Before Noon didn’t make the cut last month at the Fan Fiction & Screenplay Festival. I was massively disappointed by this but nothing to do but soldier on, right? I am still trying to figure out how to spread the word on this project. I have been doing a lot of research but, apparently, marketing fan fiction is something people don’t do much of so I rather feel like I am reinventing the wheel here. Too bad because I think it is one of the loveliest things I have ever written.
Don’t know about Before Noon? Learn more about this work of fan fiction here:
What is "before noon"? - Richard Rothrock
And if you would still like to read it then please email me.
Looking Ahead to 2023 – American Kids and Plymouth Undead
Following up on my post earlier this month “Life In The Key of 60” I have put together my release schedule for the next several years. For 2023 I am aiming to get two projects out and into your hands.
American Kids will finally arrive next May – 40 years after the summer which inspired the story. This is Volume 2 of my Paul Ruddick Chronicles trilogy. It tells the story of college age workers who spend the summer working and partying and bonding at a midwestern amusement park. They had hoped to put off growing up for a few more months only to discover that Life has other plans in store for them.
Then next October will come Plymouth Undead, an unconventional horror take on the first Thanksgiving. We find the Pilgrims and their indigenous neighbors battling an unexpected Old World curse that the white settlers have unintentionally let loose on wild America. Looking forward to both of these.
This summer on Facebook, I have been profiling the summer blockbuster movies that influenced my life. If you are not on Facebook, you can view the whole thing here:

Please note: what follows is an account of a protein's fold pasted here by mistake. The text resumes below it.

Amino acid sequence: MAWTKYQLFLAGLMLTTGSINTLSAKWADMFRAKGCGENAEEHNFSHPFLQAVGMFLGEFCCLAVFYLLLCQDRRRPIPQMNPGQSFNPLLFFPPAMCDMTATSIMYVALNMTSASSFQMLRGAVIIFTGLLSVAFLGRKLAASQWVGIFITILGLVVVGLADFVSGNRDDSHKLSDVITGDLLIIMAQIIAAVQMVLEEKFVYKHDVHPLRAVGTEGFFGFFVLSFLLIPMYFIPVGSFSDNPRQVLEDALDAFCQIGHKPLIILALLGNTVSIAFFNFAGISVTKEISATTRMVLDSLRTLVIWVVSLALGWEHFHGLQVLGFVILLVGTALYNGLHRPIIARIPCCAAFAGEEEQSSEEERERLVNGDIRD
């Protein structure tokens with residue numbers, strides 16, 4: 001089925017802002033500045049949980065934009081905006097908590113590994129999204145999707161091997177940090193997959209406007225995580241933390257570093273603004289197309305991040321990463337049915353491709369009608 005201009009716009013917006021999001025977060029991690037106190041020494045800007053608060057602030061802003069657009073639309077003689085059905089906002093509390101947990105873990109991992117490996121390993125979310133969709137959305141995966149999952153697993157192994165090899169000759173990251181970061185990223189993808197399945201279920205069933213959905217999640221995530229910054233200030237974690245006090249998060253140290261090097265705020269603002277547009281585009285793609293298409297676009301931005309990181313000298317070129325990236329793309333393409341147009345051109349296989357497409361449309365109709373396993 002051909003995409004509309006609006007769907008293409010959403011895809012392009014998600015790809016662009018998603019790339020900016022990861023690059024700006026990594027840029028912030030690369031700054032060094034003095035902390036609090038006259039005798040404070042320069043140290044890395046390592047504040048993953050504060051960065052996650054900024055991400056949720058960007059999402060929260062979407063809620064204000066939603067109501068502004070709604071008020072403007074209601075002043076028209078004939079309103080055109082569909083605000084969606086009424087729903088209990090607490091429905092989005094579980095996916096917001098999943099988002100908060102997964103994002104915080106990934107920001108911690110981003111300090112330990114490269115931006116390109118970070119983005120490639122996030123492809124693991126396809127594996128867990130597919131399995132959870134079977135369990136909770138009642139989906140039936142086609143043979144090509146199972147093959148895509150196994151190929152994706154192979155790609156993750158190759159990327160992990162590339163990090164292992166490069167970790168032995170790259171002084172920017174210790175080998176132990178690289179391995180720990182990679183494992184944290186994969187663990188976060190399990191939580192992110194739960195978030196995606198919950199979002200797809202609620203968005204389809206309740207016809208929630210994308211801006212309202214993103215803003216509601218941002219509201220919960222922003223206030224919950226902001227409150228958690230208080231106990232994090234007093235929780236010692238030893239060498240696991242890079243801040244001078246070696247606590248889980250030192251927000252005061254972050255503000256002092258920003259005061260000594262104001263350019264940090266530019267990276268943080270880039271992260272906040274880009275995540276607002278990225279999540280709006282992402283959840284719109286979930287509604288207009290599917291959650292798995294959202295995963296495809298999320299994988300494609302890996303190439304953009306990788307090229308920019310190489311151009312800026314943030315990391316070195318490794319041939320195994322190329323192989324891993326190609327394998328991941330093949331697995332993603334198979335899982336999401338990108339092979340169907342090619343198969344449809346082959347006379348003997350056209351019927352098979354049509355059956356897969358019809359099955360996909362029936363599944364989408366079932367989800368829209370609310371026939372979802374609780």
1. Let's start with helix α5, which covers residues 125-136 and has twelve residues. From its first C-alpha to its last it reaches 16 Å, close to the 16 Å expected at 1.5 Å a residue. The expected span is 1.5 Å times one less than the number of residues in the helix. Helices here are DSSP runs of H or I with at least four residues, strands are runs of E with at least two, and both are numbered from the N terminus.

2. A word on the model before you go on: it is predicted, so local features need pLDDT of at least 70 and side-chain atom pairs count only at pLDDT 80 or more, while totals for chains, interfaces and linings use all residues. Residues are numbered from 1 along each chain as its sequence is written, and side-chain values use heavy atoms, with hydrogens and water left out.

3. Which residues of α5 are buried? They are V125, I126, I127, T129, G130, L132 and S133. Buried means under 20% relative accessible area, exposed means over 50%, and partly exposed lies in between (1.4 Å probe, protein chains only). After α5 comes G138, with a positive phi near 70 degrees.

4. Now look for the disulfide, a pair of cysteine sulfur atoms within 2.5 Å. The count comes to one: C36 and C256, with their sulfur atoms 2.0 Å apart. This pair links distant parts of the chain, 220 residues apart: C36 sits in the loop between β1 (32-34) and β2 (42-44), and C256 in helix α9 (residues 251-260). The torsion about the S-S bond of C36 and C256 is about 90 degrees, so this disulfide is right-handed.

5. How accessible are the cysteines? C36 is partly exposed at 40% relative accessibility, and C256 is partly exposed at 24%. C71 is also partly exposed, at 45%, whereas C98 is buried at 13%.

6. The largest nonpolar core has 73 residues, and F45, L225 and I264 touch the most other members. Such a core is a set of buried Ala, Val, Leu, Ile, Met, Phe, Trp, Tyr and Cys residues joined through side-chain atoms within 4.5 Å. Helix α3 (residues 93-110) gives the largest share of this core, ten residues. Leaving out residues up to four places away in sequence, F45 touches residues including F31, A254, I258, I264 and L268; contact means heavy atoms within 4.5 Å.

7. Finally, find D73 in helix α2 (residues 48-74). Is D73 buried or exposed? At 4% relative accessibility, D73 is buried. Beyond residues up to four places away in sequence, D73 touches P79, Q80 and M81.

SUMMER BLOCKBUSTERS THAT CHANGED MY LIFE - Richard Rothrock
It has proven popular enough that I am going to continue it into the Fall. Starting next Friday Sep 2, I will be profiling my Top 5 favorite football movies followed in October by my Top 5 favorite horror movies. Be sure to check them out!
What happened to “How The CBS Late Movie Expanded My World & Changed My Life”?
I know I have been promising this entry for most of the summer and I have actually worked on a BUNCH of it but it has turned out to be something longer than a normal blog entry. Not to mention that several of the movies I discuss have reappeared in the past couple of weeks so I am rewatching them (some for the first time since that summer of 1976) and figuring out a way to do this as a series of posts later on. Thank you for your patience!
So that is about all from here. How has your summer gone?
Back on September 6!
**If you haven’t heard, Jaws (1975) will be back in theaters everywhere (including IMAX) beginning next Friday, Sep 2. If you haven’t seen it on the big screen, please consider checking it out!
(3300) JAWS | Official Trailer | Experience It In IMAX® - YouTube
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Yesterday, I talked about seeing the 1974 adaptation of THE GREAT GATSBY for the first time, the impact it had on me, and how it colored my life after that. For me, that is the true indicator of a great film: it not only moves you and entertains you, but also changes your view of film as well as your view of life and the world. You are not the same person after seeing it.
Today, I am looking at GATSBY as a film scholar would: analyzing how the film rates and whether it succeeds as a work of art. I did watch it again this week for the first time in a couple years and, even after all these years, I still think it is great despite some minor flaws. Here’s why:
SPOILER ALERT!!!! KEY PLOT POINTS REVEALED BEYOND THIS POINT
1. The lead performances of Robert Redford & Mia Farrow